What This Means: Key Takeaways*

An agent for service of process’s job is to accept service of process (legal summons to a lawsuit). 

A South Carolina agent for service of process must:

  • Maintain a registered office in South Carolina (i.e., no P.O. boxes)
  • Be an individual, a South Carolina corporation or LLC, or foreign corporation or LLC with a business address that is the same as the registered office address

Agent for service of process information is kept on file by the State of South Carolina. If you change your agent for service of process or if they resign, you must file a change of agent of service of process form

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Operating Agreements

South Carolina LLC laws provide guidelines for creating and maintaining an LLC operating agreement.

The following operating agreement statutes are from the South Carolina Uniform Limited Liability Company Act:

Section 33-44-103 - Effect of operating agreement; nonwaivable provisions.

(a) Except as otherwise provided in subsection (b), all members of a limited liability company may enter into an operating agreement, which need not be in writing, to regulate the affairs of the company and the conduct of its business, and to govern relations among the members, managers, and company. To the extent the operating agreement does not otherwise provide, this chapter governs relations among the members, managers, and company.

(b) The operating agreement may not:

(1) unreasonably restrict a right to information or access to records under Section 33-44-408;

(2) eliminate the duty of loyalty under Section 33-44-409(b) or 33-44-603(b)(3), but the agreement may:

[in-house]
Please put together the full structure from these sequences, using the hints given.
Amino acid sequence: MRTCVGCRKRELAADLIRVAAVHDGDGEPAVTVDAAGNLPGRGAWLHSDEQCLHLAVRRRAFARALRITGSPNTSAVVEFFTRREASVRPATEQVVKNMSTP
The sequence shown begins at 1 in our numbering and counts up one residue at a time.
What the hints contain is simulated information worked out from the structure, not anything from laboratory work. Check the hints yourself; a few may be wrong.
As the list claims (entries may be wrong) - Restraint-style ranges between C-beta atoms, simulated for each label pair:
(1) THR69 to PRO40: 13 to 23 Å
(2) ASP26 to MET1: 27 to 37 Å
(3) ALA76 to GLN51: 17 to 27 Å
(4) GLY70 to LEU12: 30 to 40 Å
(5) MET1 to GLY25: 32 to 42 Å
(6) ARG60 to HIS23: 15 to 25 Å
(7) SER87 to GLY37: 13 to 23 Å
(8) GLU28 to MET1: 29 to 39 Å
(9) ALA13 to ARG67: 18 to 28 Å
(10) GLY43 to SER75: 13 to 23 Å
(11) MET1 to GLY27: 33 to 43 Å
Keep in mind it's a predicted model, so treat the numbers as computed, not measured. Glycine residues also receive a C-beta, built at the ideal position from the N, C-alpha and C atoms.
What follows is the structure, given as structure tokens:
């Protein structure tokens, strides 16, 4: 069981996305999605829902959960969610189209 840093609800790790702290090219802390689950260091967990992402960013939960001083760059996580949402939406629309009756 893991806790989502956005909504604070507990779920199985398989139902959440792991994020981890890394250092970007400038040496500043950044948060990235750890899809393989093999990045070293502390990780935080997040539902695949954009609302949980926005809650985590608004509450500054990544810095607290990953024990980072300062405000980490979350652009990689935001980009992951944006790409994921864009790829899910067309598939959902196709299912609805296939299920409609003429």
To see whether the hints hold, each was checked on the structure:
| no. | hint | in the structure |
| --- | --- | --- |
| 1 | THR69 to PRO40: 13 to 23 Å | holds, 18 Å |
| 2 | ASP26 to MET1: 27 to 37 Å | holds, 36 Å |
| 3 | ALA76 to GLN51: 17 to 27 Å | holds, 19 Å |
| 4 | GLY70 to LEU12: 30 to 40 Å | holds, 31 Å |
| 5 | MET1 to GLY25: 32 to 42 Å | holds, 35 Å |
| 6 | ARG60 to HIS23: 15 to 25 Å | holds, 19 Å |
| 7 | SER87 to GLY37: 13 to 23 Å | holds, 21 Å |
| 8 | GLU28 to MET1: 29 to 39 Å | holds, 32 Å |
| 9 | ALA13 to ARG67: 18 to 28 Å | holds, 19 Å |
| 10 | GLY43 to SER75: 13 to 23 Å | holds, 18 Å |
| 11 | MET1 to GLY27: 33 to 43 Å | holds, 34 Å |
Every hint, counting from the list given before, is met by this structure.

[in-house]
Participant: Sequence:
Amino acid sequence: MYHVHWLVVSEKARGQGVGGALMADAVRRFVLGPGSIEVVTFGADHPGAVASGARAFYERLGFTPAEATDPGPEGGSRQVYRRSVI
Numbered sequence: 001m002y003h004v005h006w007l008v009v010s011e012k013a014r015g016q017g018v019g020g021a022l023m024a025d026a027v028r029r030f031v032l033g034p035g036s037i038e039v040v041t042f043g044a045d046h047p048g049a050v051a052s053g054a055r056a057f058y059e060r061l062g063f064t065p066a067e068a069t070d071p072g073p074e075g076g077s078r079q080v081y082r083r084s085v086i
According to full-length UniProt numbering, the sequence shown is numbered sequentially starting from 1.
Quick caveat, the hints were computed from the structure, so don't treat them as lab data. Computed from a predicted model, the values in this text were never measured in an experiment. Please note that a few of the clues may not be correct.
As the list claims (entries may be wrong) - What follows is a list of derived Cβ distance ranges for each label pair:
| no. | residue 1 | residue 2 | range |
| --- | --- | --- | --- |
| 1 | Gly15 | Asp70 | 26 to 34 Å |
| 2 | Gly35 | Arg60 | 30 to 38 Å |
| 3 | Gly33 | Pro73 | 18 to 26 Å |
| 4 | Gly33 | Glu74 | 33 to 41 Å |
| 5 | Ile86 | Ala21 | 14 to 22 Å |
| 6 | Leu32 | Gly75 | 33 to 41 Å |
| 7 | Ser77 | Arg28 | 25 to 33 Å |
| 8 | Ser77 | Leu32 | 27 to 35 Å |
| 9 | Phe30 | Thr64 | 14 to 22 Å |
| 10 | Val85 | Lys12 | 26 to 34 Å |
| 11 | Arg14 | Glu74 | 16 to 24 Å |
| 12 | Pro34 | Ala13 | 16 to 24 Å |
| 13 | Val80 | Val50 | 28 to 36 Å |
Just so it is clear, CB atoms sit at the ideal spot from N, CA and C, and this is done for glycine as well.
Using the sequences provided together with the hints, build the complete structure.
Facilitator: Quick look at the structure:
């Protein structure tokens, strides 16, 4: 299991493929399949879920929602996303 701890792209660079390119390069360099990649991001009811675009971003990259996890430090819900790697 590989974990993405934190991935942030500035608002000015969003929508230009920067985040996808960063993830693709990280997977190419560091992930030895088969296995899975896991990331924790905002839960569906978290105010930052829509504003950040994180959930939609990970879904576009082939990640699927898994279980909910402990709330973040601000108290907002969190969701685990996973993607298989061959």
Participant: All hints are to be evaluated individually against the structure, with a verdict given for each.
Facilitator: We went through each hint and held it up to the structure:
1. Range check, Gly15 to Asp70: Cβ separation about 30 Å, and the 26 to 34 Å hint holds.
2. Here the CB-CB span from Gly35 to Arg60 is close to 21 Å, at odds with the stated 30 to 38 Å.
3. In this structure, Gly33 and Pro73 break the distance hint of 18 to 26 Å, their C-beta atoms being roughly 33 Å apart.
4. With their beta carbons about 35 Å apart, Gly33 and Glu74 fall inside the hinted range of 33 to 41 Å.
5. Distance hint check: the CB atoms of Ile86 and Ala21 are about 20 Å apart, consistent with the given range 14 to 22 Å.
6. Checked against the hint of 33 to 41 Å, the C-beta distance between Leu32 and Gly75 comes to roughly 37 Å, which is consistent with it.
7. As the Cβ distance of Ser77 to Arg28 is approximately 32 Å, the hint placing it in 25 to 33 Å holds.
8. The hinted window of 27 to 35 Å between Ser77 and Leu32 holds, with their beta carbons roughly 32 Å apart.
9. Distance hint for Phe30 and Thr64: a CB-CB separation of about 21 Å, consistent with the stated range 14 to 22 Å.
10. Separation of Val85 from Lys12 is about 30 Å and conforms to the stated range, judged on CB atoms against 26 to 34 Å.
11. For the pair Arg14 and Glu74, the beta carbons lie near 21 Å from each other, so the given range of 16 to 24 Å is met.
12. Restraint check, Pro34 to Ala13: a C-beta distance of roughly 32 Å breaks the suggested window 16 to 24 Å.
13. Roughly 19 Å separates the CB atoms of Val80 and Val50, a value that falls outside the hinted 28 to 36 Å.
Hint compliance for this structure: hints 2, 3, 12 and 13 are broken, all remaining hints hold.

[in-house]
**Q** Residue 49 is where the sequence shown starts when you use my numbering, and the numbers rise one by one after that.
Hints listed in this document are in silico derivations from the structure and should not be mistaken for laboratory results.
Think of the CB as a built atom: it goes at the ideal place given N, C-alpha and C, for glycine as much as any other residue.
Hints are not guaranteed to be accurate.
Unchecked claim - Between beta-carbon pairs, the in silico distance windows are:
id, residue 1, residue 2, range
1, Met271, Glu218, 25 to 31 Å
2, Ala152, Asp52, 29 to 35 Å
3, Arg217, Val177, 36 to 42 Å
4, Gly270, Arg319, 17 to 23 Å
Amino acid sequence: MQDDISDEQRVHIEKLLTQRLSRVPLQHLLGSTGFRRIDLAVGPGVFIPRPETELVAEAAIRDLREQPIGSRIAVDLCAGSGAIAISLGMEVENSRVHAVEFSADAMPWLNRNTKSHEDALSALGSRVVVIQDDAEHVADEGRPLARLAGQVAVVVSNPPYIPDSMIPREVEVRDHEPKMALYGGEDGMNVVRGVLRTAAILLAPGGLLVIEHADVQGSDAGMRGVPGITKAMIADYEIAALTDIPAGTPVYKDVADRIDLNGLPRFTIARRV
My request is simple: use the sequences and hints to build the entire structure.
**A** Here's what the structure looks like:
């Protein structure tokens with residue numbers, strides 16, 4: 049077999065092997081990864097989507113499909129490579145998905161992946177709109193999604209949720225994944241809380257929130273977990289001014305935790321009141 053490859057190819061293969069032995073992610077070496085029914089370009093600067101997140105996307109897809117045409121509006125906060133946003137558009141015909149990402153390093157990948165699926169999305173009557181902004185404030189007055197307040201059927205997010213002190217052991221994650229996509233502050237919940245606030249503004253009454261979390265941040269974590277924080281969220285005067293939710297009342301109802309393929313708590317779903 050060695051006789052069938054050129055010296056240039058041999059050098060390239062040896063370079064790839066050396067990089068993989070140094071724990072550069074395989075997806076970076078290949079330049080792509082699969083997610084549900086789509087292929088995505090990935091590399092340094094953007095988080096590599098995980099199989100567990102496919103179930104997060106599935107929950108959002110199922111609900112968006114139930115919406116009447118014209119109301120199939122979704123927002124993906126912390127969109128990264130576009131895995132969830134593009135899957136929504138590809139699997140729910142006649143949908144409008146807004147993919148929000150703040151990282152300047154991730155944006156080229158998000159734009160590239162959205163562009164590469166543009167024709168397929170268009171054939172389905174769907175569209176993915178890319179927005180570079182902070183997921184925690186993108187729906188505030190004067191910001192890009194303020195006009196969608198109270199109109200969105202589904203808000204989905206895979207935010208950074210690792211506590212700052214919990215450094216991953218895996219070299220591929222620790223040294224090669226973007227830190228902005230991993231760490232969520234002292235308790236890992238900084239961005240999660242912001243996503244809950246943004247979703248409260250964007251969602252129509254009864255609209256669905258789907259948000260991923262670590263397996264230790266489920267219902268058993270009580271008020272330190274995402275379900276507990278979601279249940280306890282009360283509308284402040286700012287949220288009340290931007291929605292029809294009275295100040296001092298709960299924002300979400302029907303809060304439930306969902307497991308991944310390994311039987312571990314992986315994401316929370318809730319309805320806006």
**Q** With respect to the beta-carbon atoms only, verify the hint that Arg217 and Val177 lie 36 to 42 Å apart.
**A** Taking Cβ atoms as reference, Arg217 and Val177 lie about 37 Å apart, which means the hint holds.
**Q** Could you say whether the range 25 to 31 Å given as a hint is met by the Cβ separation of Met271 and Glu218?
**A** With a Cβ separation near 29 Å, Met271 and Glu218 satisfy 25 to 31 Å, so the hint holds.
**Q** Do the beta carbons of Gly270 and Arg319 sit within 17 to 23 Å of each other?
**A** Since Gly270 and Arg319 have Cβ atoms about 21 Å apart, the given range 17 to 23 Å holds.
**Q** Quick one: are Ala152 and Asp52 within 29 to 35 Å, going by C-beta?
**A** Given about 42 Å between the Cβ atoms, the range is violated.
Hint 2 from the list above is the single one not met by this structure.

(i) identify specific types or categories of activities that do not violate the duty of loyalty, if not manifestly unreasonable; and

(ii) specify the number or percentage of members or disinterested managers that may authorize or ratify, after full disclosure of all material facts, a specific act or transaction that otherwise would violate the duty of loyalty;

(3) unreasonably reduce the duty of care under Section 33-44-409(c) or 33-44-603(b)(3);

(4) eliminate the obligation of good faith and fair dealing under Section 33-44-409(d), but the operating agreement may determine the standards by which the performance of the obligation is to be measured, if the standards are not manifestly unreasonable;

(5) vary the right to expel a member in an event specified in Section 33-44-601(6);

(6) vary the requirement to wind up the limited liability company's business in a case specified in Section 33-44-801(3) or (4); or

(7) restrict rights of a person, other than a manager, member, and transferee of a member's distributional interest, under this chapter.

What This Means: Key Takeaways*

An LLC operating agreement allows LLC members to create rules for how their unique LLC operates. These rules are often called “terms” or “provisions.”

Operating agreements are limited by state statute. For example, if the statute says LLC members can’t dissolve an LLC without all members agreeing, LLC members can’t change or override the statute with an operating agreement.

When an operating agreement is in place, it’s easier to navigate situations involving the operation of the LLC. And, if a lawsuit or dispute arises, LLC members (or the courts) have something to reference.

If a dispute arises that can’t be resolved by LLC members and there isn’t an operating agreement, the courts will use LLC statute to resolve disputes.

Creating an Operating Agreement

Some LLCs, such as professional LLCs or real estate LLCs, might need unique terms, while others might only need to cover standard provisions:

  • Each member’s responsibilities
  • How new members will be admitted
  • How existing members may transfer or terminate their membership
  • How profits and dividends will be distributed
  • The process for amending the operating agreement

Use our free operating agreement template or learn more with our What Is an Operating Agreement guide.

*This information is provided for educational and entertainment purposes only. Please consult a lawyer for legal advice.